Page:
New to leadership? Did a top performer just quit your team?

Don’t worry. Here are five surefire steps to help you build (or rebuild) a powerful and productive team:

1. Assess Quickly

It is critical that you assess your team within the first 90 days of accepting a leadership position. Look carefully at each employee’s workload and individual strengths. Then, look at the team as a whole. Determine whether or not training opportunities might bring your team to the next level.

Watch. Listen. Conclude.

While each team member should be able to perform their job, each team member may also have an added value. Figure out what their extra talent is outside of their daily skill set. Share your appreciation of the employee publicly. That way, they’ll see that you value them as a person, not just a means to an end. Work should be about much more than simple deliverables.

Smart leaders pay attention to the behaviors of their team members – not what they say, but what they do. An employee’s actions are worth far more than their words.

2. Fire Quickly

When an employee consistently resists direction – or seems like they simply may not be able to gain the skills they need to succeed in their role – it’s time to cut them loose.

That being said, no one should be fired by surprise. A leader should give the employe a chance to improve first. Explain what needs to be done, document when the employee doesn’t take the necessary actions, and watch their behavior. (In some instances, this is mandated by law; be sure to familiarize yourself with applicable employment laws.)

No one says a leader has to like their employees. You don’t have to invite them to Thanksgiving dinner. It is reasonable to ask for results. If they aren’t cutting it, let them go. You are probably doing them a favor.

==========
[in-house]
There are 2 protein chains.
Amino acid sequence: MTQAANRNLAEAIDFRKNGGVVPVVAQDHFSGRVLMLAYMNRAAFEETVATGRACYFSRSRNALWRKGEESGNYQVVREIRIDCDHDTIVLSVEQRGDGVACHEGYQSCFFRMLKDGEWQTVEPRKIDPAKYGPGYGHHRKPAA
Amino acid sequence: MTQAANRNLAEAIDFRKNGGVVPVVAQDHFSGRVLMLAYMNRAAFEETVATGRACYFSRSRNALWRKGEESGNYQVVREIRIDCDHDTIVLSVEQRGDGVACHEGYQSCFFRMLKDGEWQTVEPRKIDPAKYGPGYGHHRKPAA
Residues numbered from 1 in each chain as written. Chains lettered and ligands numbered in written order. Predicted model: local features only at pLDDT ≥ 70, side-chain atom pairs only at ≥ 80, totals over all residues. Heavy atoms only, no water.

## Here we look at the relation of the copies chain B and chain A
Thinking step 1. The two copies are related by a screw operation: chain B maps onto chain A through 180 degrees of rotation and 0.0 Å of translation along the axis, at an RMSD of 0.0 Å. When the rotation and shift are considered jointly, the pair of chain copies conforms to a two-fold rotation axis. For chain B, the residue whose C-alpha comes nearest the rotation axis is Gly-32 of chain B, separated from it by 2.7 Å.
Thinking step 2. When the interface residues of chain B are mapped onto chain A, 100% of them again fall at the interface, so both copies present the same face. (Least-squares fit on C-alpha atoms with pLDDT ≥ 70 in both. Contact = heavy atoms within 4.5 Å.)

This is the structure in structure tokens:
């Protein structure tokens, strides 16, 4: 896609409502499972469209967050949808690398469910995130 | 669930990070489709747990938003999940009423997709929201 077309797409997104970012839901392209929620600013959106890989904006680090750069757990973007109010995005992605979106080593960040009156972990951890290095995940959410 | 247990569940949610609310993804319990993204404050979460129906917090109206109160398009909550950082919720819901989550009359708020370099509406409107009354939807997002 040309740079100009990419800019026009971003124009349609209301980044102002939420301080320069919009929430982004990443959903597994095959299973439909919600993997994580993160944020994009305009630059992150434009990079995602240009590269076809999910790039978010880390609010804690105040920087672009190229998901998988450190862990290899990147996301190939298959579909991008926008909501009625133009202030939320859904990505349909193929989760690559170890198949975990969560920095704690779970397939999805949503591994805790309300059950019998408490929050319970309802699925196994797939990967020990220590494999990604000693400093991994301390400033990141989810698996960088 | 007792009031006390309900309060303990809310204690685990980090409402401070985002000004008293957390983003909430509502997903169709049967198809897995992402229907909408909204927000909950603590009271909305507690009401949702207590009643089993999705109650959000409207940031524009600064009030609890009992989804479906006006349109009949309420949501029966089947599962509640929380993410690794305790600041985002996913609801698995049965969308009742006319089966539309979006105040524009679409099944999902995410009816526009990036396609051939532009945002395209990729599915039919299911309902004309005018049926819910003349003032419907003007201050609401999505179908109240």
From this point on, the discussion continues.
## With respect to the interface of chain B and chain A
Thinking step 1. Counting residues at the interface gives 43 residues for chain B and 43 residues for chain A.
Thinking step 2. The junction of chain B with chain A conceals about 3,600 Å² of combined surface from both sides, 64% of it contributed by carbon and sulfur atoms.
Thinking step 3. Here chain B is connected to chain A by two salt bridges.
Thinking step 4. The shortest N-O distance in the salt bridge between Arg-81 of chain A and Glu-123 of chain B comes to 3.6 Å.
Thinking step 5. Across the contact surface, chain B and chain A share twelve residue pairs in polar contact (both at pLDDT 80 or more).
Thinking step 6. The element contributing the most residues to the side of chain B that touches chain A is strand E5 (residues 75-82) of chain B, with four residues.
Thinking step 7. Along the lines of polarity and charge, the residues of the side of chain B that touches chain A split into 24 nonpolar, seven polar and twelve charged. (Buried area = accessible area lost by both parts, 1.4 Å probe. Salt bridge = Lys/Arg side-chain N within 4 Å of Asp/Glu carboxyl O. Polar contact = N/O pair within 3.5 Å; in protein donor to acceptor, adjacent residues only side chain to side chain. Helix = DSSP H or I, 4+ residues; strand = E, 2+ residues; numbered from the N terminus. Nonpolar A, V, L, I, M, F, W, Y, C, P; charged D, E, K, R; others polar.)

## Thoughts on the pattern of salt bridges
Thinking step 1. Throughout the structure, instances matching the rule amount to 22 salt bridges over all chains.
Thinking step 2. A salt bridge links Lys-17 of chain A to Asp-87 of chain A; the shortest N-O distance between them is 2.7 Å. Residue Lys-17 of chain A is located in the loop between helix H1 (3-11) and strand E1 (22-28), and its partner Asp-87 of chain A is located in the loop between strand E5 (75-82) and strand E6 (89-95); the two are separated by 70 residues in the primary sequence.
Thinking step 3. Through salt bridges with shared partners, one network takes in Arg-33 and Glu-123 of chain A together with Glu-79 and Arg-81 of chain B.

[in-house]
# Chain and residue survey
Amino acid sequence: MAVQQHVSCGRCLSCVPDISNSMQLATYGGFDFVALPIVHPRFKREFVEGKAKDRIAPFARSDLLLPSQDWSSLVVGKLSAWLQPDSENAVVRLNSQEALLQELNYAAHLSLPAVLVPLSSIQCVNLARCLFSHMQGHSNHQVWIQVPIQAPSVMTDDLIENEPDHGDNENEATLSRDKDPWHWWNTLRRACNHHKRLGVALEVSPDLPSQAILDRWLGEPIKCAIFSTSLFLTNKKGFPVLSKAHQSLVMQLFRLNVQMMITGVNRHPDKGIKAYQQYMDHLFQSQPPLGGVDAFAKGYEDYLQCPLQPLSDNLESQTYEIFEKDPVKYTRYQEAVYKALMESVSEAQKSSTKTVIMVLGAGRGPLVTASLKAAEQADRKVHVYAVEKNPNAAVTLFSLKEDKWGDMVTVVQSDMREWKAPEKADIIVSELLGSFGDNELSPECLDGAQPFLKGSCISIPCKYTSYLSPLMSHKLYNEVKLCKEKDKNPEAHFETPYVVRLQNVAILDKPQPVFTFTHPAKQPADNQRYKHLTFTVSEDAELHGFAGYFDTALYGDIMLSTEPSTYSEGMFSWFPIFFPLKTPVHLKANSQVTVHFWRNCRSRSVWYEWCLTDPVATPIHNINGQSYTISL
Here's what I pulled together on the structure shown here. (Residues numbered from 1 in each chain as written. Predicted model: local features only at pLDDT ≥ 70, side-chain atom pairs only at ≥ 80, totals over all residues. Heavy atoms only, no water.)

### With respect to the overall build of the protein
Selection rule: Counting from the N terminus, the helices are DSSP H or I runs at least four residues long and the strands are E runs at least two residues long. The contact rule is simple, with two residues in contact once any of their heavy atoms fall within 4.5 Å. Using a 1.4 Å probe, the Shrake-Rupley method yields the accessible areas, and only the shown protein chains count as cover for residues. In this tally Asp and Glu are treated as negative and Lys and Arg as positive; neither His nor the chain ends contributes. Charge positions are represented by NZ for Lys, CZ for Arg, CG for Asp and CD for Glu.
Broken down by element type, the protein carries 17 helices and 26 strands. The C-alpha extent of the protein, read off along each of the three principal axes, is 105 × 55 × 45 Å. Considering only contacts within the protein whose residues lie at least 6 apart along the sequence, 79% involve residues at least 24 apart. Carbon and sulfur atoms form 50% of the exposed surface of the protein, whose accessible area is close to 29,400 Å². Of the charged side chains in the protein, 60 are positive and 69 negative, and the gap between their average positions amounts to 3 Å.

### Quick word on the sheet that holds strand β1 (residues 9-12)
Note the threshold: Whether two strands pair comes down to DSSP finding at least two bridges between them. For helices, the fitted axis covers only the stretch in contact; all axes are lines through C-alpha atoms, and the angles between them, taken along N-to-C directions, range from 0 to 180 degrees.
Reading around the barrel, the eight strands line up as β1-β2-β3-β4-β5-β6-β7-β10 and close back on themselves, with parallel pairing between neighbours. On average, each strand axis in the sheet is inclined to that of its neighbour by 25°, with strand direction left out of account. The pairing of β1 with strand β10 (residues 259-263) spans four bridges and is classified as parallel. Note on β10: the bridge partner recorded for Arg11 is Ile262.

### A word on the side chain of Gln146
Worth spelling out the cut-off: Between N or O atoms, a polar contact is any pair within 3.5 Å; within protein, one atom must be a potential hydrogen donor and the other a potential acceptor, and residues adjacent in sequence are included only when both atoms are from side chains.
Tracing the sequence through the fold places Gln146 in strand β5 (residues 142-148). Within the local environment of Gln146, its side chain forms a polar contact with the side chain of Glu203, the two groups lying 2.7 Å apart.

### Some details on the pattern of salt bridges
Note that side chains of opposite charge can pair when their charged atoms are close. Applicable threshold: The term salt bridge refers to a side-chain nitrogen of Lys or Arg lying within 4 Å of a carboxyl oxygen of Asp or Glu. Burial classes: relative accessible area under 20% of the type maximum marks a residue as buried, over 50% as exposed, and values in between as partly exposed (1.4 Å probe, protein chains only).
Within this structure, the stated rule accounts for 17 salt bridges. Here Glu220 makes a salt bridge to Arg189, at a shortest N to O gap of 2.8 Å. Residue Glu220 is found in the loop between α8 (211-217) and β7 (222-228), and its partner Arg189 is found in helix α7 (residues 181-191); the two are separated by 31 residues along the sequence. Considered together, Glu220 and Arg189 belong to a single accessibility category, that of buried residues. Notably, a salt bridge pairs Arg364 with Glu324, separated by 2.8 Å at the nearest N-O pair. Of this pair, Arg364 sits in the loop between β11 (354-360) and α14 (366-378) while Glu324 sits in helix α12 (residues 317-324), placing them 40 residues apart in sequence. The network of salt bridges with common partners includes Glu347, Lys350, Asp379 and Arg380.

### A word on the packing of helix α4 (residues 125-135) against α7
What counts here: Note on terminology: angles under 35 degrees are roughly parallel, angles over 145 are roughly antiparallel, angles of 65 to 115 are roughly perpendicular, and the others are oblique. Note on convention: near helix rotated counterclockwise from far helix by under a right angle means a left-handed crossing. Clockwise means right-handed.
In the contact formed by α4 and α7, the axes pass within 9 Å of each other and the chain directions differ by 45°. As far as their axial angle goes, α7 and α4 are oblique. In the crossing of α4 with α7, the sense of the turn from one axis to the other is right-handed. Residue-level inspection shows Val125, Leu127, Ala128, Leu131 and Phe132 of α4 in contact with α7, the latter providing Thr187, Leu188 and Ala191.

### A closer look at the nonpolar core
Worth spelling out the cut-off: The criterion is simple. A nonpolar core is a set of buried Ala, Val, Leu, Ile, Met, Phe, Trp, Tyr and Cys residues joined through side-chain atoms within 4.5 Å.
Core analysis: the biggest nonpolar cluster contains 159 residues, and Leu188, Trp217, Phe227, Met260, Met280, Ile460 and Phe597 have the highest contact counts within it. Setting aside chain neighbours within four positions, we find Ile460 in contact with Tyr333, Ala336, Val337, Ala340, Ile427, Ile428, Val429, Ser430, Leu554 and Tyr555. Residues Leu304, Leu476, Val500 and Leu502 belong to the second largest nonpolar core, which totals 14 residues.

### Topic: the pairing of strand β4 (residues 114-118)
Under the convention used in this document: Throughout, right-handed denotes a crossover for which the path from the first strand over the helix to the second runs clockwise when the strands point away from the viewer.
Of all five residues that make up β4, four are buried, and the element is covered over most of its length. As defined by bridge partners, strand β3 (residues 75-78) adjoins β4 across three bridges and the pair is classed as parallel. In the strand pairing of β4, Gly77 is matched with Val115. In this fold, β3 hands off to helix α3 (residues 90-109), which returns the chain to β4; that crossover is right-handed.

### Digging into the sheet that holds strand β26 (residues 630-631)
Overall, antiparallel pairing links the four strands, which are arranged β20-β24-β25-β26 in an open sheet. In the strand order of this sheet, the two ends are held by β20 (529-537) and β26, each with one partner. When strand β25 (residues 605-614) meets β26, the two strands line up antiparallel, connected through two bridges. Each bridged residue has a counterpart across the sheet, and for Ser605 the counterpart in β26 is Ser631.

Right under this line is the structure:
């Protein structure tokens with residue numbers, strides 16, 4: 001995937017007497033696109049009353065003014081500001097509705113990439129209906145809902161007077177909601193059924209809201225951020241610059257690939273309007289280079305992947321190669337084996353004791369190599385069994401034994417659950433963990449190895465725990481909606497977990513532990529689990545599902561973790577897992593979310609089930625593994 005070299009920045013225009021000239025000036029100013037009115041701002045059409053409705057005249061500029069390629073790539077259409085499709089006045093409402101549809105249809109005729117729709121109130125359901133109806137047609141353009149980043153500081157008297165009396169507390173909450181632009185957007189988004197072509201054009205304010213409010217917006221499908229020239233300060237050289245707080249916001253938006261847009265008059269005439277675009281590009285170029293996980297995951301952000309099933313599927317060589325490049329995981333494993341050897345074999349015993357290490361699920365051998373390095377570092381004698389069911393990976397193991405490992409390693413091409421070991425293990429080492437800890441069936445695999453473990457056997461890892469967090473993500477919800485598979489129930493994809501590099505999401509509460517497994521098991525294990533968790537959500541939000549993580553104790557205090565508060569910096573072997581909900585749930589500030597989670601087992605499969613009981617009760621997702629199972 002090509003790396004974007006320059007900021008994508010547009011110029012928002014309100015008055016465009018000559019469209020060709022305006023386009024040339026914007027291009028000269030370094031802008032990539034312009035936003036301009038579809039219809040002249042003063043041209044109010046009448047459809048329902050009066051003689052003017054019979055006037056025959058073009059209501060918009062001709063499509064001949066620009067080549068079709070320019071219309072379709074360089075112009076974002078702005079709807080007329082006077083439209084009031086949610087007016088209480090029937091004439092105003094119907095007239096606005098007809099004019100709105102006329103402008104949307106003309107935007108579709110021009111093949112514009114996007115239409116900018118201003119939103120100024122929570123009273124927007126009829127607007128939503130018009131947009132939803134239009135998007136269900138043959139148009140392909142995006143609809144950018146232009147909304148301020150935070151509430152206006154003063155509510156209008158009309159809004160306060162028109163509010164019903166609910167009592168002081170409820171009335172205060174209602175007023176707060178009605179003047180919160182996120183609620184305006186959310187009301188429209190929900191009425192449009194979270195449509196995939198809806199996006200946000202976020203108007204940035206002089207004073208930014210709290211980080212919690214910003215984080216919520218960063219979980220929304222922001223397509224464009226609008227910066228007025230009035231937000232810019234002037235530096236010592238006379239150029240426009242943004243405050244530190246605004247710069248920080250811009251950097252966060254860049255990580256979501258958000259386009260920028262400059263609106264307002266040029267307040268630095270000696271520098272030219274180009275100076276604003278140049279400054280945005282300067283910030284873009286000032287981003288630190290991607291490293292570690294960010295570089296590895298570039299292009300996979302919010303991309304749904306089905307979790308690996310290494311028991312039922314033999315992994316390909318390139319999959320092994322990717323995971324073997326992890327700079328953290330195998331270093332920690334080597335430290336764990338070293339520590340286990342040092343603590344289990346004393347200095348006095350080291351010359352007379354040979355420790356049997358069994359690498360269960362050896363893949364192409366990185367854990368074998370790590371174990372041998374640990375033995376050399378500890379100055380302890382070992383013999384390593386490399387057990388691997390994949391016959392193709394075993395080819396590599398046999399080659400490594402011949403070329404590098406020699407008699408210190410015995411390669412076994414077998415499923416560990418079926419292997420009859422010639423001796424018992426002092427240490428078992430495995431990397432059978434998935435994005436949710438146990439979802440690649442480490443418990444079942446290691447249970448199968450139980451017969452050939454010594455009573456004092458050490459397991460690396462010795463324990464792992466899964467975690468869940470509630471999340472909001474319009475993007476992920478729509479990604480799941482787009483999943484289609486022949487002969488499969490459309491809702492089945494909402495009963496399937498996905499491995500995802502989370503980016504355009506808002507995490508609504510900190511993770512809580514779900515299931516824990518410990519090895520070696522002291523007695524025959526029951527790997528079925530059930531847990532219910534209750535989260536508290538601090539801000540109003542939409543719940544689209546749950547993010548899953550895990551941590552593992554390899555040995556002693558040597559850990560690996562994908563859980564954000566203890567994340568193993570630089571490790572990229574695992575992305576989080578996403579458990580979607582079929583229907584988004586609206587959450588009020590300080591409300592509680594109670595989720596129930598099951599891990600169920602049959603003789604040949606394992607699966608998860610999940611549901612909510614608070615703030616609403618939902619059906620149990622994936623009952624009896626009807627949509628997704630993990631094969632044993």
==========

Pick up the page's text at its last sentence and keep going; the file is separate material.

3. Train. Train. Train.

BoatsTrain new employees on everything from policies and procedures to how you will respond and react as a leader. Set the right tone quickly. Give team members a little time to adapt to your leadership style.

After employees have been trained, expect results. Look for an uptick in performance. If no improvement is made after training, figure out why. A team that runs smoothly means you don’t have to constantly hover over your workers; it means you can even take a vacation once in a while. Set expectations and use training to build employees who can achieve independently of you.

4. Blame Game

Good leaders never blame the team when they don’t hit the mark. Instead, they take full responsibility. Leadership is about being accountable for every team member’s actions or inaction. You don’t get to scapegoat or make excuses. A leader’s performance is measured by their team’s results.

In football, the coach knows that one fumble hurts everyone, not just the guy who fumbled during the game. Praise your employees for what they do well, and don’t completely berate them when they fumble. Instead, help them to avoid future fumbles.

5. Identify Top Talent to Promote

Few leaders consider succession planning. Oddly enough, many companies talk about career growth. The real question is: For all your talk about growth, when was the last time you or your organization promoted someone internally instead of going with an outside hire?

Identify your top players and ask them about their goals and plans for their careers. Consider how you could groom them to take their next career step. Great companies – and great leaders – understand the cost, time, and talent that goes into running a company well. Provide a path for your key players.

A version of this article originally appeared on LinkedIn.

Elizabeth Lions is an executive career coach. You can learn more at

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